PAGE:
1

I have a contract that uses the ERC20 token contract for making payments. Now, in the ERC20 token contract we have the following implementation of approve function:

function approve(address _spender, uint256 _value) public returns (bool) {
    allowed[msg.sender][_spender] = _value;
    emit Approval(msg.sender, _spender, _value);
    return true;
}

The problem is that the msg.sender within the approve() function of ERC20 holds the address of the service contract (the contract that uses the ERC20 contract for making payments and not the address of the user who wants to make the payment). So, how do I let the approve function know the address of the user who wants to make the payment ?

The work-around for this is to call the approve function directly instead of via
another contract. Is this the way to do it ?

3

If you are using someone else's ERC20 token, then you will not be able to do this. The approve function in a standard ERC20 contract is made to use the msg.sender which, as you have noticed, will take the form of the calling address (like a contract), rather than the root address which initiated a transaction.

This is actually a way to prevent from attacks against the token. Imagine you could build a contract which a user calls, that triggers another ERC20 token and make some sort of change on behalf of the user. You could then use this behavior in a malicious function, where you trick the user to call your contract function, and then you steal all of their coins.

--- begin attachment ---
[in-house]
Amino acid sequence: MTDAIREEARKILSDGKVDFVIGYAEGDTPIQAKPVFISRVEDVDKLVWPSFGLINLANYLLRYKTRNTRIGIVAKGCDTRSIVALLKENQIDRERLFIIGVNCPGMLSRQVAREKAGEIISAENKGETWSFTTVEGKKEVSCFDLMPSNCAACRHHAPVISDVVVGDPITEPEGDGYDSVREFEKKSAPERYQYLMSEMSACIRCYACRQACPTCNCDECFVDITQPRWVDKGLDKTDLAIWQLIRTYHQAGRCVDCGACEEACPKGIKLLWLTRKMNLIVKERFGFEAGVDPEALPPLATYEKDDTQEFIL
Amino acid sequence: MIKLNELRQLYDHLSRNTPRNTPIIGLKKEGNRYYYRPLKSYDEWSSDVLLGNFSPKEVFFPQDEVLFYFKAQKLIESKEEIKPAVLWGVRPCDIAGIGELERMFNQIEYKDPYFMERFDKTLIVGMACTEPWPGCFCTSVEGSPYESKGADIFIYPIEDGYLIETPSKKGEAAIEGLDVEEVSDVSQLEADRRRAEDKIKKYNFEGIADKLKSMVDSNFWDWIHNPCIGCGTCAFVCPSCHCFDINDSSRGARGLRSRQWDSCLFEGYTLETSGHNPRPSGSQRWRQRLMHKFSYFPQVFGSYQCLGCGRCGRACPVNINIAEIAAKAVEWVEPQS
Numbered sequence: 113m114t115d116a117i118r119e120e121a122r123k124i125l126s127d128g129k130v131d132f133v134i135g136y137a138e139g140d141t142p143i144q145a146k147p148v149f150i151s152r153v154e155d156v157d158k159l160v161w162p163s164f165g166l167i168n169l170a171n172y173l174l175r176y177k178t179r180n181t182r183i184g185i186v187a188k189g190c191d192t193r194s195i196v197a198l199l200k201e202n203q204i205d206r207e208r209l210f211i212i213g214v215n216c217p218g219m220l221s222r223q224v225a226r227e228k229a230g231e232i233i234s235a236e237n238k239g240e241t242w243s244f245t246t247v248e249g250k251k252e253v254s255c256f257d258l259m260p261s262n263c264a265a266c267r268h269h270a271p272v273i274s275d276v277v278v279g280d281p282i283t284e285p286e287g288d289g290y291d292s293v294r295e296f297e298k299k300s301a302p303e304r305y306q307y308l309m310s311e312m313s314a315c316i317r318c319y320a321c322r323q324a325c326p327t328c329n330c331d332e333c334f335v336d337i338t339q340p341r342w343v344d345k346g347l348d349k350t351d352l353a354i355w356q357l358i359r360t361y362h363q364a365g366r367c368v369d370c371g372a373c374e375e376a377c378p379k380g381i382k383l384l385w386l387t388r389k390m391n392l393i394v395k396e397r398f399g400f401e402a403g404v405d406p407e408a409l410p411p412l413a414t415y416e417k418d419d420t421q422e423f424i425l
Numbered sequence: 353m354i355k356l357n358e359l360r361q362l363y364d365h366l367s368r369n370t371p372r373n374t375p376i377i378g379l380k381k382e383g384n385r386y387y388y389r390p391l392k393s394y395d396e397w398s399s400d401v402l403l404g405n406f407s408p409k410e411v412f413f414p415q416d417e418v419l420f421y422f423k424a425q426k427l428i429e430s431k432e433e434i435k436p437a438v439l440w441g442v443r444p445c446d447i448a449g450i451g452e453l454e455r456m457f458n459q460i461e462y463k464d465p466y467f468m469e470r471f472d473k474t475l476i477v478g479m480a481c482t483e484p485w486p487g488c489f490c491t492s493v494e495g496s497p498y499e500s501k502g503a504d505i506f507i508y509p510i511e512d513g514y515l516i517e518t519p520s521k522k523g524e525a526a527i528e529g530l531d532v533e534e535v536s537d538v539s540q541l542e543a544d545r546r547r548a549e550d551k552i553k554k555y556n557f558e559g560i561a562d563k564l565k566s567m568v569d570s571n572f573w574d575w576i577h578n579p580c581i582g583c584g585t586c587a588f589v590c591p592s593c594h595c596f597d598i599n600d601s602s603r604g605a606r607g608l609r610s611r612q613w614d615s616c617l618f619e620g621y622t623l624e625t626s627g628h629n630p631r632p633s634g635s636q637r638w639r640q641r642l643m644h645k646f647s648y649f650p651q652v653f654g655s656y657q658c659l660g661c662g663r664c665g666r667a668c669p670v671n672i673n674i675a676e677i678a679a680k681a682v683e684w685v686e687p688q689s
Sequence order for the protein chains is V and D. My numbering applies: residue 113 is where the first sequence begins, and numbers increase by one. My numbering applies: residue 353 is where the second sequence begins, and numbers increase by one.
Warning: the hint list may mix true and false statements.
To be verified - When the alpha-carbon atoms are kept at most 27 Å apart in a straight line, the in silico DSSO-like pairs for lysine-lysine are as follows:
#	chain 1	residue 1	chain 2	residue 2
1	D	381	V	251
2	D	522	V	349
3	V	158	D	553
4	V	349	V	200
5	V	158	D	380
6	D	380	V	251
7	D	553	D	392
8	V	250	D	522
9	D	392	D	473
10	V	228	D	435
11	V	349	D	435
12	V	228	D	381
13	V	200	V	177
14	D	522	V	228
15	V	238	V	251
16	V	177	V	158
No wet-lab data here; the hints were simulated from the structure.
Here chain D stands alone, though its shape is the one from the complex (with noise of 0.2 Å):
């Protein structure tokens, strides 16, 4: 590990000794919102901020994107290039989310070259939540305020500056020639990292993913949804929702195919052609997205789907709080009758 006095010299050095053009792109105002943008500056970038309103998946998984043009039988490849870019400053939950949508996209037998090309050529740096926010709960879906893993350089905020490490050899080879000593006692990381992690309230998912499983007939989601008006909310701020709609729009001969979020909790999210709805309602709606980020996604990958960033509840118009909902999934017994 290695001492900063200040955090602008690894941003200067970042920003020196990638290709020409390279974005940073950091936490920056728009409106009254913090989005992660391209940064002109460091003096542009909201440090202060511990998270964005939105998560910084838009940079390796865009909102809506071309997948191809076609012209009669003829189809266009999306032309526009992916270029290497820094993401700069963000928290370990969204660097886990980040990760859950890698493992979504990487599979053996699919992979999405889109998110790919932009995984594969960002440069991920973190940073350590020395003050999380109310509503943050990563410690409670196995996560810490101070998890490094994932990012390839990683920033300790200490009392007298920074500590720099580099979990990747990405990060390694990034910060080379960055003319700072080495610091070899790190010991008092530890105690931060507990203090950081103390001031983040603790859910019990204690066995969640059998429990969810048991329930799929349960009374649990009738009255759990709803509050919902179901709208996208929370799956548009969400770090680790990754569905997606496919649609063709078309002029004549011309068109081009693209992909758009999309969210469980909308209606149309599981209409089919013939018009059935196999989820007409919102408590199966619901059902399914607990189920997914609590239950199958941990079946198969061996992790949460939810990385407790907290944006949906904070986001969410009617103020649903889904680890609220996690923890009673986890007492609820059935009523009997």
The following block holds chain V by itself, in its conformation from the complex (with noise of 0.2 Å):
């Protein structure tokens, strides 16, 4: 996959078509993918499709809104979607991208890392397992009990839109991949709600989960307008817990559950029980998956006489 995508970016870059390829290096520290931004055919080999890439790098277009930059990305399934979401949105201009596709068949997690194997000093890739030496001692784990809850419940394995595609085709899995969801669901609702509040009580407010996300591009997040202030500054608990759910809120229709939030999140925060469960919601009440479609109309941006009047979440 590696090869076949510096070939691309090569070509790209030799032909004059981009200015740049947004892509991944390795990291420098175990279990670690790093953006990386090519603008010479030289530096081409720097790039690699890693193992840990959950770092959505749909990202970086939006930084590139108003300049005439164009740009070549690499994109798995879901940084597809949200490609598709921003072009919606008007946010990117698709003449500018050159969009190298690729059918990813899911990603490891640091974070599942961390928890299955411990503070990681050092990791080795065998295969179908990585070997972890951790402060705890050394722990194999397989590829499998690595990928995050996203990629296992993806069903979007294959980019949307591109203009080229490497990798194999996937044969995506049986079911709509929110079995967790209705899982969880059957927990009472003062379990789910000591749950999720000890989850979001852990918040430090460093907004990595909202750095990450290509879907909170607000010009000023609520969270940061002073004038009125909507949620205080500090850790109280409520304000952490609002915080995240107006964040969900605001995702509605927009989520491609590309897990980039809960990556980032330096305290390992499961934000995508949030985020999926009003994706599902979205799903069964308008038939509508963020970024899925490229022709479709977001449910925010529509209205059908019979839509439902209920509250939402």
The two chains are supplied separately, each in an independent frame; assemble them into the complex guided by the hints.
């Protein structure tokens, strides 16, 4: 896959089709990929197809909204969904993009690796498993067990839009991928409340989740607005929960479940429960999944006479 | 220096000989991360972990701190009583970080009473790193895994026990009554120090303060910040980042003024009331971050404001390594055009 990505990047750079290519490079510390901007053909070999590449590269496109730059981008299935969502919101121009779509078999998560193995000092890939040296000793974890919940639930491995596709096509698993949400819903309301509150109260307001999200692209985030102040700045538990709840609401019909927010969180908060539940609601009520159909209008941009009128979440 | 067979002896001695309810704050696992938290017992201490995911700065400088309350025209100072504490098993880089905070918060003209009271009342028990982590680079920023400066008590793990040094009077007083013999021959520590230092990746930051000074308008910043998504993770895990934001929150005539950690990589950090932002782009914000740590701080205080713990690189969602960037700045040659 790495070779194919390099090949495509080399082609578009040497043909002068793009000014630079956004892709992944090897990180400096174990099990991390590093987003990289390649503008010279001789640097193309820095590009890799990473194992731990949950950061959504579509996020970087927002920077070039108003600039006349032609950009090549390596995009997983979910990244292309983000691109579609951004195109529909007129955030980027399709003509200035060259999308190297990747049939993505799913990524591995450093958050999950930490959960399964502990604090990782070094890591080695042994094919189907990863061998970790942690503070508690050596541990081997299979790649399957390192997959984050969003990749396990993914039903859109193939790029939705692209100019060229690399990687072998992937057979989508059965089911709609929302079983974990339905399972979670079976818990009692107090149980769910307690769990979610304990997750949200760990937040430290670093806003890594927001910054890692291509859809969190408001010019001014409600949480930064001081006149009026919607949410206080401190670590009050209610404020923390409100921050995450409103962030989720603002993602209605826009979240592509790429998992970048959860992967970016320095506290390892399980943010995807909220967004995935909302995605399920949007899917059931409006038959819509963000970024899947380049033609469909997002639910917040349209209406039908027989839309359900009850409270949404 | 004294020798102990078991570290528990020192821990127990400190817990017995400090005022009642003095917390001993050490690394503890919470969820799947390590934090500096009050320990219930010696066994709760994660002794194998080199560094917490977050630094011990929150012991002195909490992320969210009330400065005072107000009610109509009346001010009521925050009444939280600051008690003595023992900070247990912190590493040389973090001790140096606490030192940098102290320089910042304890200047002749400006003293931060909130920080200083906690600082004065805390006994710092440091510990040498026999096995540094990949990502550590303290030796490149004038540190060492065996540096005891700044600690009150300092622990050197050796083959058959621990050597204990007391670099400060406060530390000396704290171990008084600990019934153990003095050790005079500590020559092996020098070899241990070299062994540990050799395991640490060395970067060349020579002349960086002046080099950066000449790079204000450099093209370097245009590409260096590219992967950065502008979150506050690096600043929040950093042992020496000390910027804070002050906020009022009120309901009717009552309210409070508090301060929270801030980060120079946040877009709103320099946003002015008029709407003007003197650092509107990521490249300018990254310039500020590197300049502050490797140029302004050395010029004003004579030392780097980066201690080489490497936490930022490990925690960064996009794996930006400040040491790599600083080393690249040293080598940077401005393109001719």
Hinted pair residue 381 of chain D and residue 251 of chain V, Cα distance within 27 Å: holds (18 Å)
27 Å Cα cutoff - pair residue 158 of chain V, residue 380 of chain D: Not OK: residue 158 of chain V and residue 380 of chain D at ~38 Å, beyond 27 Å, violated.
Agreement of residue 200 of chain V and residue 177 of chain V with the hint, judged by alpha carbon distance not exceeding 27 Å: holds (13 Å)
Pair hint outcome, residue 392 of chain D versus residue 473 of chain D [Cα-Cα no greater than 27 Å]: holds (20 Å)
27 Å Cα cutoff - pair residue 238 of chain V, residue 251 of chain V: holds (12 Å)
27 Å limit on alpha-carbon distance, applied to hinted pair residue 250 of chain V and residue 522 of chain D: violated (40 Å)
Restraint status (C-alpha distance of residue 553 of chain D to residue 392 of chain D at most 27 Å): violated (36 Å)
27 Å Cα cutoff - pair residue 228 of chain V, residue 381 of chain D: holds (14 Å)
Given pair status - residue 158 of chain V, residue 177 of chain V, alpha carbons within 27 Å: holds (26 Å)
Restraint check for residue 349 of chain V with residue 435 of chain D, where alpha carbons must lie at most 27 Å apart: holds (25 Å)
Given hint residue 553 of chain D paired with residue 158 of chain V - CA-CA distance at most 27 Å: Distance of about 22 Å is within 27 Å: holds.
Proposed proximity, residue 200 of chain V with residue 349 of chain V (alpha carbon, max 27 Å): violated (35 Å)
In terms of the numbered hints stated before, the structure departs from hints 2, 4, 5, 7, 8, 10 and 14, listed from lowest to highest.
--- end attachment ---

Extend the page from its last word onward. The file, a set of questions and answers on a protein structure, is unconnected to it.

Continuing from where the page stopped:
Because the approve function is written the way it is, the only way a user could have their tokens manipulated with, is through explicit action by that user directly to the token contract that they know about.

The approve function is actually made exactly for your kind of scenario, where the user can "approve" your contract address to spend some amount of tokens, and then you can build functions which can call transferFrom() to then interact with those tokens.

Now, you can build your own ERC20 token, which would allow for this exploit by replacing msg.sender with tx.origin which is always the root caller of the transactions (always an EOA), but as I mentioned above, this would leave you vulnerable to other contracts exploiting your choice.

I hope this helps.

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